Trachinotus falcatus

Common Name


Year Described

Linnaeus, 1758


Dorsal Fin: 5 small spines, followed by I, 17-21
Anal Fin: 2 small spines, followed by I, 16-19
Pelvic Fin: I, 5
Gill Rakers: 5-8 upper, 11-14 lower
Vertebrae: 10 precaudal, 14 caudal

Body spade-shaped and deep, with the deepest part at the dorsal/anal fin bases. Head and snout rounded in profile. Eye small with lower jaw reaching to mid-eye. Teeth small, absent in larger fishes (>20cm). Anterior lobes of dorsal and anal fins raised and pointed, but do not reach past caudal fin base when depressed. Pectoral and pelvic fins small. Tail deeply forked and large. Lateral line undulating until dorsal base, then straight with no scutes. No caudal groove or keel. Body smooth with partially embedded cycloid scales. Hyperostosis of second, third, and fourth ribs (not found in other W. Atlantic Trachinotus).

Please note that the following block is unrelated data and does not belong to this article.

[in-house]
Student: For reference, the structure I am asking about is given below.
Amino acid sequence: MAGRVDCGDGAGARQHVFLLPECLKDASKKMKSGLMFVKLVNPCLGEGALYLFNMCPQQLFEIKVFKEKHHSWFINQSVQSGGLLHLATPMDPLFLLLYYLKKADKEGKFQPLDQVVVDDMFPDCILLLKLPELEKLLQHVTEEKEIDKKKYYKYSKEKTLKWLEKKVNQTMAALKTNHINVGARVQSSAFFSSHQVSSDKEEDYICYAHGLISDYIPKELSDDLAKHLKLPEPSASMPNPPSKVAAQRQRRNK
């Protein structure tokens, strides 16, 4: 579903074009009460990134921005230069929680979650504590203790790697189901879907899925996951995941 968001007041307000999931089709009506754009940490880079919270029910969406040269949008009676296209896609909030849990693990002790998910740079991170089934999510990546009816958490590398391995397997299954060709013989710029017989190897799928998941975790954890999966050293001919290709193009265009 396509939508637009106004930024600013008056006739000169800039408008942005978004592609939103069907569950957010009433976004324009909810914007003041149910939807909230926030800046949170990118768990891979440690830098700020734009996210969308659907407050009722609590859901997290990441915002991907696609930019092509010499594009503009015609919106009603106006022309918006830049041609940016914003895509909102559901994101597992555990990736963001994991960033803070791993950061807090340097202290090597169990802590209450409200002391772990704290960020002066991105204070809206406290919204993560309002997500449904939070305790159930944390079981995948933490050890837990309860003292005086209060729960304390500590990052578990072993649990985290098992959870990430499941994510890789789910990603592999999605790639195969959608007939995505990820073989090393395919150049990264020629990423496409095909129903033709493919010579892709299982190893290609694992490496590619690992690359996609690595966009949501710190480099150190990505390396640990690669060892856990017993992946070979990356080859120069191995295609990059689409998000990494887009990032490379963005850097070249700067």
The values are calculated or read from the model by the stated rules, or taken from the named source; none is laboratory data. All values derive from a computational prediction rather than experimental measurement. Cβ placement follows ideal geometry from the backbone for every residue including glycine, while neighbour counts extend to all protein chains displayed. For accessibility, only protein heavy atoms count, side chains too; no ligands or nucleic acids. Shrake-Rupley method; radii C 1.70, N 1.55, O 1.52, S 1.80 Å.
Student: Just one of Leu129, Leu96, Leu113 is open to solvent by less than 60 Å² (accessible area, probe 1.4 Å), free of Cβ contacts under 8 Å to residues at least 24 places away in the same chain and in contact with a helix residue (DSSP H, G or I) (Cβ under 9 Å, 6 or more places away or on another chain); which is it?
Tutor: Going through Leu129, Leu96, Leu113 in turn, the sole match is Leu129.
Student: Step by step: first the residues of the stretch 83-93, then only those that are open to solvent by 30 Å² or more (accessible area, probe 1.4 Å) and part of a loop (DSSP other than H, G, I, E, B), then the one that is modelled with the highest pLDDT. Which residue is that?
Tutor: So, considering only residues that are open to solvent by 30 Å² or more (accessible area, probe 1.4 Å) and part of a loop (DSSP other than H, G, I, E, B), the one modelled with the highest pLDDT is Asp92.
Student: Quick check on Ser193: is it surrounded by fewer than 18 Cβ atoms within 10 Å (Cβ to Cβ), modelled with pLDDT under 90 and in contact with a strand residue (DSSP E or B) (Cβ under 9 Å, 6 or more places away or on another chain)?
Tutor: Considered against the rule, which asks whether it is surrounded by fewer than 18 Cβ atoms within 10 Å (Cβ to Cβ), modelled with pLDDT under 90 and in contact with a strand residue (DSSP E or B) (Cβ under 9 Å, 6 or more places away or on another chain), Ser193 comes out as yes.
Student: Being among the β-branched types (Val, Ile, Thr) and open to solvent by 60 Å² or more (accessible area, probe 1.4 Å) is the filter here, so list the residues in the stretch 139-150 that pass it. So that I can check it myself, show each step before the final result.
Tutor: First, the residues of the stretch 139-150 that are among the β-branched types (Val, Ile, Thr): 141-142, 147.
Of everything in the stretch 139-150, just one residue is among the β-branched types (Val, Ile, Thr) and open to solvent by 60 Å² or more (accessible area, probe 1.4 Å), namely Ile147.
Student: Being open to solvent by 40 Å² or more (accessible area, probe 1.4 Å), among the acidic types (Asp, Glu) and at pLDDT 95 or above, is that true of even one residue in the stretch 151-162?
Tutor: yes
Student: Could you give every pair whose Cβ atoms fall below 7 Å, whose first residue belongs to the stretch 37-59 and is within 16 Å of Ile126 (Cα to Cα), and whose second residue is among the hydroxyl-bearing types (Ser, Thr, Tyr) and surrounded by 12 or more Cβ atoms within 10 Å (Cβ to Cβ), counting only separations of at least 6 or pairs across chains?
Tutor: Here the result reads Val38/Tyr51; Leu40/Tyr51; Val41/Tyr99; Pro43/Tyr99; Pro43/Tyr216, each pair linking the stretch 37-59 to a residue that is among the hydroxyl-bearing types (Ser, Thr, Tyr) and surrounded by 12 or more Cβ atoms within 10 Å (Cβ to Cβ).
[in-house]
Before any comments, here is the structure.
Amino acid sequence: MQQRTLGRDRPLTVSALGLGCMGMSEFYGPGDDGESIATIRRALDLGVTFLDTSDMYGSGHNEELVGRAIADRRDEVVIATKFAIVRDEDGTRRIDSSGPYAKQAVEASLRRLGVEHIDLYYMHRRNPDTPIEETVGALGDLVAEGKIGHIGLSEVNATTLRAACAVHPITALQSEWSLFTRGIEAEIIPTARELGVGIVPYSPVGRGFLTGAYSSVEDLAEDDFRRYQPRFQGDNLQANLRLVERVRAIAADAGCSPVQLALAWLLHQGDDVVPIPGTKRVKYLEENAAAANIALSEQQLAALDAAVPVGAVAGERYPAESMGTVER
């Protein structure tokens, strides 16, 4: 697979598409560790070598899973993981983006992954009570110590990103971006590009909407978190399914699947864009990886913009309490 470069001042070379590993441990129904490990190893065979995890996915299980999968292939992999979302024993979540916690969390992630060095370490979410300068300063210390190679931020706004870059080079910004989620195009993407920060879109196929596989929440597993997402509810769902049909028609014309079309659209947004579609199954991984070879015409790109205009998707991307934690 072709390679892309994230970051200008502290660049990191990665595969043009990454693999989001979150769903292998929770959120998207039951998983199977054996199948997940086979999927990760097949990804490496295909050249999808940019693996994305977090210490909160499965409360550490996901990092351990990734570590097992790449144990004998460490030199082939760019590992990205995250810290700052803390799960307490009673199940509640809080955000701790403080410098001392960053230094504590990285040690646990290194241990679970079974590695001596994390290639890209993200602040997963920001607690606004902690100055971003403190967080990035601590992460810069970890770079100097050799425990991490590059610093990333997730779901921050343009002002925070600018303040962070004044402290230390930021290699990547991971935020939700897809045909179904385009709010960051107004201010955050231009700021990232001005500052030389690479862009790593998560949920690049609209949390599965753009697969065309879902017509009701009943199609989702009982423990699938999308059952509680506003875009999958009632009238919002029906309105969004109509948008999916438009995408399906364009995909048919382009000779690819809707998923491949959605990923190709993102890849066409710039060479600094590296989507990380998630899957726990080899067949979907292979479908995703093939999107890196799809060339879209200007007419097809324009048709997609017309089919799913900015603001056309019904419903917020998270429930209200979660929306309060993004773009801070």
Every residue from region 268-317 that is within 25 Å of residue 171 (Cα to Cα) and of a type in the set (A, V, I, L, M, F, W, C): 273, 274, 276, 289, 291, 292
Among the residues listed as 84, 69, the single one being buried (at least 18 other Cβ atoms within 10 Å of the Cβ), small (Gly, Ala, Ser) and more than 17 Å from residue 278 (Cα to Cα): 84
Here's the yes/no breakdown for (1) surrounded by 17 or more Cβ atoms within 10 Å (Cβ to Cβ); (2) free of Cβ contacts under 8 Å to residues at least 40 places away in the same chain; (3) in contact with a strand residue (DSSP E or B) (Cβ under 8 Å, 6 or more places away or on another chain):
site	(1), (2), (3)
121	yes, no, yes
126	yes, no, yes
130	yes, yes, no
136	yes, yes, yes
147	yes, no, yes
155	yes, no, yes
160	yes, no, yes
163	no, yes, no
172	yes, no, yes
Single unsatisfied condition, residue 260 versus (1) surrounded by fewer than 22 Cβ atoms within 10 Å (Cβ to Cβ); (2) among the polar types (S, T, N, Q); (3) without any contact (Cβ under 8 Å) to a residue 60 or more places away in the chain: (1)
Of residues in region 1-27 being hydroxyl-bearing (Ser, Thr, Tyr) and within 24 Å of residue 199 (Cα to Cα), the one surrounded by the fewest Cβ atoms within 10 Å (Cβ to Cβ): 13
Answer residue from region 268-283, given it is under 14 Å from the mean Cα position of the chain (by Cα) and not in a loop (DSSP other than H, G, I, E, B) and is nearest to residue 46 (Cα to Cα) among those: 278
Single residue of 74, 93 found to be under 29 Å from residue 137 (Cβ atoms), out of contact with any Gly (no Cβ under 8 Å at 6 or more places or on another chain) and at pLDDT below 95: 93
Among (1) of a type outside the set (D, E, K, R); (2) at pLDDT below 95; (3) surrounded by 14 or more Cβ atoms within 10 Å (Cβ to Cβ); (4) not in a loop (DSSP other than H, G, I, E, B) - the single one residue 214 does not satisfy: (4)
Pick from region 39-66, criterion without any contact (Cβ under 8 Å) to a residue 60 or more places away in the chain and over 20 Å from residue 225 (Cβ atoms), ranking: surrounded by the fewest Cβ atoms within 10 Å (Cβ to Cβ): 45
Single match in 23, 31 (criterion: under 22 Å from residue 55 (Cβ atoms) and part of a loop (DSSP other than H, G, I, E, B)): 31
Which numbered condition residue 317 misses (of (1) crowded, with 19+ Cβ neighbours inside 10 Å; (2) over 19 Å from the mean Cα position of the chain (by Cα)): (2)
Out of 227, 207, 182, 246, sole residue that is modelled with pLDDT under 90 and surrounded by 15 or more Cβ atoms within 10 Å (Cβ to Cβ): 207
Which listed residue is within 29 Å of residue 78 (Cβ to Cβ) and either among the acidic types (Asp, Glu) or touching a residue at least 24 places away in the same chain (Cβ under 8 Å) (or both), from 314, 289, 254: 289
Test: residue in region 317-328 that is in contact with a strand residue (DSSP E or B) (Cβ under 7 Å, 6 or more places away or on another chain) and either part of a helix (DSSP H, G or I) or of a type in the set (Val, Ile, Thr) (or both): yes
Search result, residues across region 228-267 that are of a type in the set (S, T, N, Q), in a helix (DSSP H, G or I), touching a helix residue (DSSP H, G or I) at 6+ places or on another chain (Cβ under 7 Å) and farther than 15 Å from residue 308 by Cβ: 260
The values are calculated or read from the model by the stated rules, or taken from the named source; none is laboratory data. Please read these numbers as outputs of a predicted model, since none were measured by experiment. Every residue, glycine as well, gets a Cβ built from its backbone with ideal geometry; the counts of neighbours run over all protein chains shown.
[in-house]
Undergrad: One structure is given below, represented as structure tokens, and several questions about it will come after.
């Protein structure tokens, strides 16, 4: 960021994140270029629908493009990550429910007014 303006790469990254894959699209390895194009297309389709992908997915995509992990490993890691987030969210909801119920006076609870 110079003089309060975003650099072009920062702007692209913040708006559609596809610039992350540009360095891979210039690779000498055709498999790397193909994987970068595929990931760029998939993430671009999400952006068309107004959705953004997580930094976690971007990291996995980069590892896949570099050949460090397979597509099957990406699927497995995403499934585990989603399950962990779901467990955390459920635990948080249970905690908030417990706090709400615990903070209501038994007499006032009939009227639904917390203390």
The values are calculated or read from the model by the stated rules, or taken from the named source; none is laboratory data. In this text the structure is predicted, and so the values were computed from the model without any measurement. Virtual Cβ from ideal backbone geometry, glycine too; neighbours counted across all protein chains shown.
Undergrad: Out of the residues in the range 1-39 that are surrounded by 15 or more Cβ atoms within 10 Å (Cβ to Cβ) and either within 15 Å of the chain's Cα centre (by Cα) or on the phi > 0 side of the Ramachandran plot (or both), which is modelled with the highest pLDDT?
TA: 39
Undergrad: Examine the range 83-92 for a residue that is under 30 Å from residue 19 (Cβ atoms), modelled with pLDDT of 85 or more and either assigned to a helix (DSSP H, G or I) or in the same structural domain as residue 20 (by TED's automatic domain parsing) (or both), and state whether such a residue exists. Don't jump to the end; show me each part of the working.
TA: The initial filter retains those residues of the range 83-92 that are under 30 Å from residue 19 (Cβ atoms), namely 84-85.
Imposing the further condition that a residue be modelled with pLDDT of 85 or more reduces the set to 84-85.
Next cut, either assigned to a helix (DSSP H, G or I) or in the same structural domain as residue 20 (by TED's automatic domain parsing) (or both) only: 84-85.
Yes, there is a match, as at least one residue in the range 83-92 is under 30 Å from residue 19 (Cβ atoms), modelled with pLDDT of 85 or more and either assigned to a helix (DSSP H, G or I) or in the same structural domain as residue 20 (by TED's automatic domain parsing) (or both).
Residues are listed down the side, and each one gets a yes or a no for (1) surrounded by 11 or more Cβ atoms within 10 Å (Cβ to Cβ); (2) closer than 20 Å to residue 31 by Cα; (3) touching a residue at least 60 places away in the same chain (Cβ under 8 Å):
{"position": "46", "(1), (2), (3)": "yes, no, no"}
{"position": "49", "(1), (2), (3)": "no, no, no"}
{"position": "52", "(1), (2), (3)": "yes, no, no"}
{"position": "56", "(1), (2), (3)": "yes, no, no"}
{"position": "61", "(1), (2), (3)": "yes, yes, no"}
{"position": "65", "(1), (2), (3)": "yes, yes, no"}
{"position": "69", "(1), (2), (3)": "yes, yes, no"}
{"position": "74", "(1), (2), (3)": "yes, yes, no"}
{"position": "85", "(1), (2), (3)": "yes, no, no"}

Silvery body with slight darkening dorsally. A dark blotch is often seen on the mid-body behind pectoral fin. The belly is often yellow to gold, especially near anal fin. Caudal fin and anterior lobes of dorsal and anal fins dark. Pectoral fin dark.


Averages to 94cm. Maximum size to 105cm.


A coastal species found in open waters or over the bottom (soft or live). Young fish are often found in the surf zone. Adults occur singly or in small groups, juveniles in schools.


Massachusetts to southerm Brazil, including Bermuda and the Caribbean islands.


Smith-Vaniz, W.F. 2003. Carangidae (pp 1426-1468). In: Carpenter. 2003. The living marine resources of the Western Central Atlantic v. 3.